Here’s a finite planet with limited resources. There are seven billion people on this finite planet using these resources so quickly that even supposedly renewable resources like water are being exhausted, and guess what: we want MORE people. Here’s yet another assessment report from the Intergovernmental Panel on Climate Change affirming the man-made nature of global warming, and what are we doing? We are racing to extract the last fossil fuels left in the ground. Anyone who’s numerate would know what the consequence of exponential growth is, and guess what? We want to maintain economic growth.

Arrowsmith-Young’s students are eager to clear the fog in their heads and make the connections. We, alas, want to see off visible air pollution but not the fog in our heads.

The inequalities of climate change

November 11th, 2013 atam Posted in Climate change, General 1 Comment »

Hong Kong is an amazing place. There could be a black rainstorm with well over 70 millimetres of rain falling per hour and, as soon as it stops, the streets in the urban areas would be dry and in no time at all, the crowd will be back as if nothing’s happened.

When I spoke to officials of the Geotechnical Engineering Office about seven years ago, I was told that Hong Kong spent the equivalent of HK$5,000 per man, woman and child on landslip prevention. Think how much that must be considering Hong Kong’s population was already approaching seven million then. Think also of how much more has been spent since to protect the city from landslides and flooding now the government has decided to treat dangerous natural slopes as well as man-made slopes and has completed several major tunnels to divert stormwater before they reach urban areas downhill.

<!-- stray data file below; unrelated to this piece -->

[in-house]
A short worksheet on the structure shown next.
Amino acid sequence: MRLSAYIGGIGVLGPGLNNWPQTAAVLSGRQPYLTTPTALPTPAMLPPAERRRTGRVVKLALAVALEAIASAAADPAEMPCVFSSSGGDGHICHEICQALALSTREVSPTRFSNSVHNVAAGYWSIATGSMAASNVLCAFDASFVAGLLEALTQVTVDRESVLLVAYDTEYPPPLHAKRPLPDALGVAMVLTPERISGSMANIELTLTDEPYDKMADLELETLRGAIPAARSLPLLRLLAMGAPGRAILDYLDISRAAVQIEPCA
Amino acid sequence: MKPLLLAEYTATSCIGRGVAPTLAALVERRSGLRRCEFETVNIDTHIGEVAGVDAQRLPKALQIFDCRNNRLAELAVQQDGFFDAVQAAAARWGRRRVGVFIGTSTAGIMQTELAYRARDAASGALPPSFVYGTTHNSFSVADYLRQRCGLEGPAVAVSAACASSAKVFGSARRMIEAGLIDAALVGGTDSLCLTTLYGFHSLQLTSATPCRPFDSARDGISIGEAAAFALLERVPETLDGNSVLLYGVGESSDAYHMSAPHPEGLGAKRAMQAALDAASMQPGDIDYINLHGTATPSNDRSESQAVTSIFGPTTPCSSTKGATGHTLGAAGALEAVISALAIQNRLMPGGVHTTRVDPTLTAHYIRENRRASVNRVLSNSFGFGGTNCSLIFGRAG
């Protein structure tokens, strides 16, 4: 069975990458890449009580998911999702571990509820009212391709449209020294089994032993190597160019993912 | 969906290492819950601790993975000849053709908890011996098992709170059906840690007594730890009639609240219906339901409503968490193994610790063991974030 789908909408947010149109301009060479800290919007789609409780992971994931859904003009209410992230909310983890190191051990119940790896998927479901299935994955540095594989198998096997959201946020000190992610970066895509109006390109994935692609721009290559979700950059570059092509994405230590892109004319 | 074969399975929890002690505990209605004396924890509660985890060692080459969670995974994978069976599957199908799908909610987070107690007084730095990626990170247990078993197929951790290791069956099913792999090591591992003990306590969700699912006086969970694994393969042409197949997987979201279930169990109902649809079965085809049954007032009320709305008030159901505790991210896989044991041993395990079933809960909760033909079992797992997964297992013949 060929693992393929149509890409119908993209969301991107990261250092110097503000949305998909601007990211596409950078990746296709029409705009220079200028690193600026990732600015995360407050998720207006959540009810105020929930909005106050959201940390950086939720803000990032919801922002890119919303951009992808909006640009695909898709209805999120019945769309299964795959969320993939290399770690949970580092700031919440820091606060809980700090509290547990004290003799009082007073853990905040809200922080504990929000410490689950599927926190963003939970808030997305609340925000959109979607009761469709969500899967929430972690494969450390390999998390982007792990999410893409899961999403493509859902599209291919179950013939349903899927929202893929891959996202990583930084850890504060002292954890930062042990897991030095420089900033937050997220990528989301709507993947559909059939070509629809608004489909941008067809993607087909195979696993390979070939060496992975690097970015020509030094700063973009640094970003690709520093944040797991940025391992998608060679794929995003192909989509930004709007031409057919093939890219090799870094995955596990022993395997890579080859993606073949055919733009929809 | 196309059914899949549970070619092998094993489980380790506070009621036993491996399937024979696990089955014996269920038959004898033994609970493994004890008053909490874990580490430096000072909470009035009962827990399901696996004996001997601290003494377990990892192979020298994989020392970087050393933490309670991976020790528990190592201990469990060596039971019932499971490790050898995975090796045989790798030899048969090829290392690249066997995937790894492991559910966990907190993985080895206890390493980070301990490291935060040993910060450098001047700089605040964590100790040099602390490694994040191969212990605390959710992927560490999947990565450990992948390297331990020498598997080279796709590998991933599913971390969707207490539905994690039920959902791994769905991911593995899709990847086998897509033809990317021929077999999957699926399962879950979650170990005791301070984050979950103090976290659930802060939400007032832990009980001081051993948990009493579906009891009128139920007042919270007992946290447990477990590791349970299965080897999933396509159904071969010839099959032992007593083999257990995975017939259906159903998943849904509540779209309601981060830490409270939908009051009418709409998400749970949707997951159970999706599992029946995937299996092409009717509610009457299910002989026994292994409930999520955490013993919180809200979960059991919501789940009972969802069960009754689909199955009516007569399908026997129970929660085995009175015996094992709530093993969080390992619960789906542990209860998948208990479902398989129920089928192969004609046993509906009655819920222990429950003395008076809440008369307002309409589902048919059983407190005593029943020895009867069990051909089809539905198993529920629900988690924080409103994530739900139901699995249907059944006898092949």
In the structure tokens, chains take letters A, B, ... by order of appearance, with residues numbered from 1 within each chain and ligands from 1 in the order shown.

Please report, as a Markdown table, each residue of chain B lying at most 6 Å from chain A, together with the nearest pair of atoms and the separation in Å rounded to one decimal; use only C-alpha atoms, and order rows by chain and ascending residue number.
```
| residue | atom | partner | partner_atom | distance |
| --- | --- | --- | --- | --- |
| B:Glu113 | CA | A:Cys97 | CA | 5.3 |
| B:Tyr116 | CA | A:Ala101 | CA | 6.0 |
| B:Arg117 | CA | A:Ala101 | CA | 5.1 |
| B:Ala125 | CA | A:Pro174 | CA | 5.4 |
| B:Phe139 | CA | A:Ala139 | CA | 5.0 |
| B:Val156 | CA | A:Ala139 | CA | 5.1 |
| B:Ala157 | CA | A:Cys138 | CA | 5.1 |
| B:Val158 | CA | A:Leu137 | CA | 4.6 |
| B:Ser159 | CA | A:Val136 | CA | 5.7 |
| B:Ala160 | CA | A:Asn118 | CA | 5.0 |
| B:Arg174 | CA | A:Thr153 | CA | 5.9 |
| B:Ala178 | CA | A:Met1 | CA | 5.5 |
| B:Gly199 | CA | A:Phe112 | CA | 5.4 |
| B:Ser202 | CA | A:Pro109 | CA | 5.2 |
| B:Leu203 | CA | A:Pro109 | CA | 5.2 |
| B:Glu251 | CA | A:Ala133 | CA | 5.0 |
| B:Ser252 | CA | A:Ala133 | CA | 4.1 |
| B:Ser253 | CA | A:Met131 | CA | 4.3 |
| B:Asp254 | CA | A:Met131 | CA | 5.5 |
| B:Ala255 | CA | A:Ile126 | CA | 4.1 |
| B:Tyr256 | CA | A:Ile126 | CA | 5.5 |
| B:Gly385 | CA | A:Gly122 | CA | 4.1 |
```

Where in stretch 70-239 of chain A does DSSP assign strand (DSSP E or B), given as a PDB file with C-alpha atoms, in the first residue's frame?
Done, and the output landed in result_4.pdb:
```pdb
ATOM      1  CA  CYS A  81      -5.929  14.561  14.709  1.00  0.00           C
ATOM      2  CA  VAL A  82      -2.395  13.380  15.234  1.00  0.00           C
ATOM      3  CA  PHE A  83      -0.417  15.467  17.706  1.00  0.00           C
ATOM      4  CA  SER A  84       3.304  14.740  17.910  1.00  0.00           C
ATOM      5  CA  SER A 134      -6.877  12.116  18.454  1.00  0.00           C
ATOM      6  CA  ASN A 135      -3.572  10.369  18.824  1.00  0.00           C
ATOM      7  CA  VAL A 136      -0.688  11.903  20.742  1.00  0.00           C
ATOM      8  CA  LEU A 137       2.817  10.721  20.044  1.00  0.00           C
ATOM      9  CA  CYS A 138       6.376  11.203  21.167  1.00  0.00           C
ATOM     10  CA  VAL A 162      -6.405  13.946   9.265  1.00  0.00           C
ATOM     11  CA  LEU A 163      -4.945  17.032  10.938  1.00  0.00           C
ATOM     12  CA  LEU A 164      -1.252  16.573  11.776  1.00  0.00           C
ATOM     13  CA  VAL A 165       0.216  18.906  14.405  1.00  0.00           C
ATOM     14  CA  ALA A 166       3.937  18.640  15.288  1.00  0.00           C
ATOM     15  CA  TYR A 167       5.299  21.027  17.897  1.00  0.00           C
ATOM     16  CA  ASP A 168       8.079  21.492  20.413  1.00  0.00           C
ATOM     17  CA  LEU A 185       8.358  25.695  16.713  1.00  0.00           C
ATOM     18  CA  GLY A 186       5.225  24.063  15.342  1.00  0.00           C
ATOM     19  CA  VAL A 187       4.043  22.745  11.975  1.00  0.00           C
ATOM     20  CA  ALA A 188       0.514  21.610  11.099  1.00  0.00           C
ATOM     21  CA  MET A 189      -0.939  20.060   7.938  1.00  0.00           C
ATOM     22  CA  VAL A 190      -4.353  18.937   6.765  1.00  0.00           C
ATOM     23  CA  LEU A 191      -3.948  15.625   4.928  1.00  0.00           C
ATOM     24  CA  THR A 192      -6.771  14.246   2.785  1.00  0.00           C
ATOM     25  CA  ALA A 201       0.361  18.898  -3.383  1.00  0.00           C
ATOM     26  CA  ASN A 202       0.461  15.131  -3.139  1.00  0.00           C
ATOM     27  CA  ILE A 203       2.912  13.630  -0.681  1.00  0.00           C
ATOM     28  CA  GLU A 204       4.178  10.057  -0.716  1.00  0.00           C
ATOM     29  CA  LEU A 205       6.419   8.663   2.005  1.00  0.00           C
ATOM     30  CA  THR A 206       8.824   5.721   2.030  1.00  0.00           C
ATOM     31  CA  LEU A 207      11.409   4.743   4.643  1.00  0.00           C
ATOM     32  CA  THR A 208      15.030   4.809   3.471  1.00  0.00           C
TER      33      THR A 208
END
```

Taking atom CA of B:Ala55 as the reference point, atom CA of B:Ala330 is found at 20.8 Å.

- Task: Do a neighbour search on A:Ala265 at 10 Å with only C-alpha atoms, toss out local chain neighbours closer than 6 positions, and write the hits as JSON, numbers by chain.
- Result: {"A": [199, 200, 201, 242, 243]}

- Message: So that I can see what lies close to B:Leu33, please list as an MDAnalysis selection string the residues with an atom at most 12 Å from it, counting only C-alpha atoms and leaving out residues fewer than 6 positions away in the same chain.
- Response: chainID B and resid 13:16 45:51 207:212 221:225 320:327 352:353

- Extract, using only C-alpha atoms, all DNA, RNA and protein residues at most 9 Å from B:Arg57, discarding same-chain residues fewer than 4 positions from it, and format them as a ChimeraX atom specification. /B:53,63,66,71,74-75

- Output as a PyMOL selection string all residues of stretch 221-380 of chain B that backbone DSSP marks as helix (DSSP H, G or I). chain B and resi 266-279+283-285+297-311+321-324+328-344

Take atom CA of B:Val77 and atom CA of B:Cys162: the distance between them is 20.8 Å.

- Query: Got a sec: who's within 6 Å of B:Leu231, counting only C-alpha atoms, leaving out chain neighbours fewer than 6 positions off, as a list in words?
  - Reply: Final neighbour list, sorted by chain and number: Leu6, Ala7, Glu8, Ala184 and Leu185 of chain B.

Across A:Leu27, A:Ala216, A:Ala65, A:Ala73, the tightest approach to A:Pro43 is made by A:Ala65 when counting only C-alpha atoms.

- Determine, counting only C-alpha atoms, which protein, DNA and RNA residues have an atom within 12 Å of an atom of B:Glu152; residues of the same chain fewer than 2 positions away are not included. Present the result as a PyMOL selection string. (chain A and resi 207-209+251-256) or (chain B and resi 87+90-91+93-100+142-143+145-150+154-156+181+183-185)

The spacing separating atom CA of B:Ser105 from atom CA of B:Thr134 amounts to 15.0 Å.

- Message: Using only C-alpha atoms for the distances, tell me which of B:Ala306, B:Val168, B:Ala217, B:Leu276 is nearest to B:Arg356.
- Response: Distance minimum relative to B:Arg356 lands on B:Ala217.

Contrast that with less well-off places around the world, where every storm creates such havoc that millions lose their homes if not their lives, where governments simply do not have the funds to pay for the kind of works that protect Hong Kong from carnage. Look at the Philippines, which has been battered by Typhoon Haiyan and lost 10,000 people to storm surges in Tacloban city. The Philippines has always taken the brunt of typhoons, but never before has a storm this ferocious swept in from the Pacific.

Scientists have long predicted that global warming would trigger more extreme weather events and that such events will disproportionately affect poor nations which have neither the infrastructure nor funds to improve their climate resilience. In climate talks – the next round is just round the corner – negotiators, especially those from developing countries, have called for the governments of countries that are responsible for much of the global warming to provide funds to help them cope.

Typhoon Haiyan and the Manila hostage tragedy are unrelated events, but does it make sense if the victims of the hostage tragedy, in a spirit of forgiveness, ask that any offer of compensation be spent on helping the hundreds of thousands of victims of Typhoon Haiyan? There is no denying the physical, mental and emotional suffering of those who went through the hostage crisis. Given that some may struggle to pay for the long-term care they need, financial support for the victims is indeed called for, but is this something the Philippines can afford, especially now given the amount needed to help victims of the typhoon? If a fund could be set up in Hong Kong to help the victims of SARS, can a similar fund not be set up to help the victims of the hostage tragedy? Surely it’s time for Hong Kong to show a spirit of community and reach out to help, not bully, a neighbour?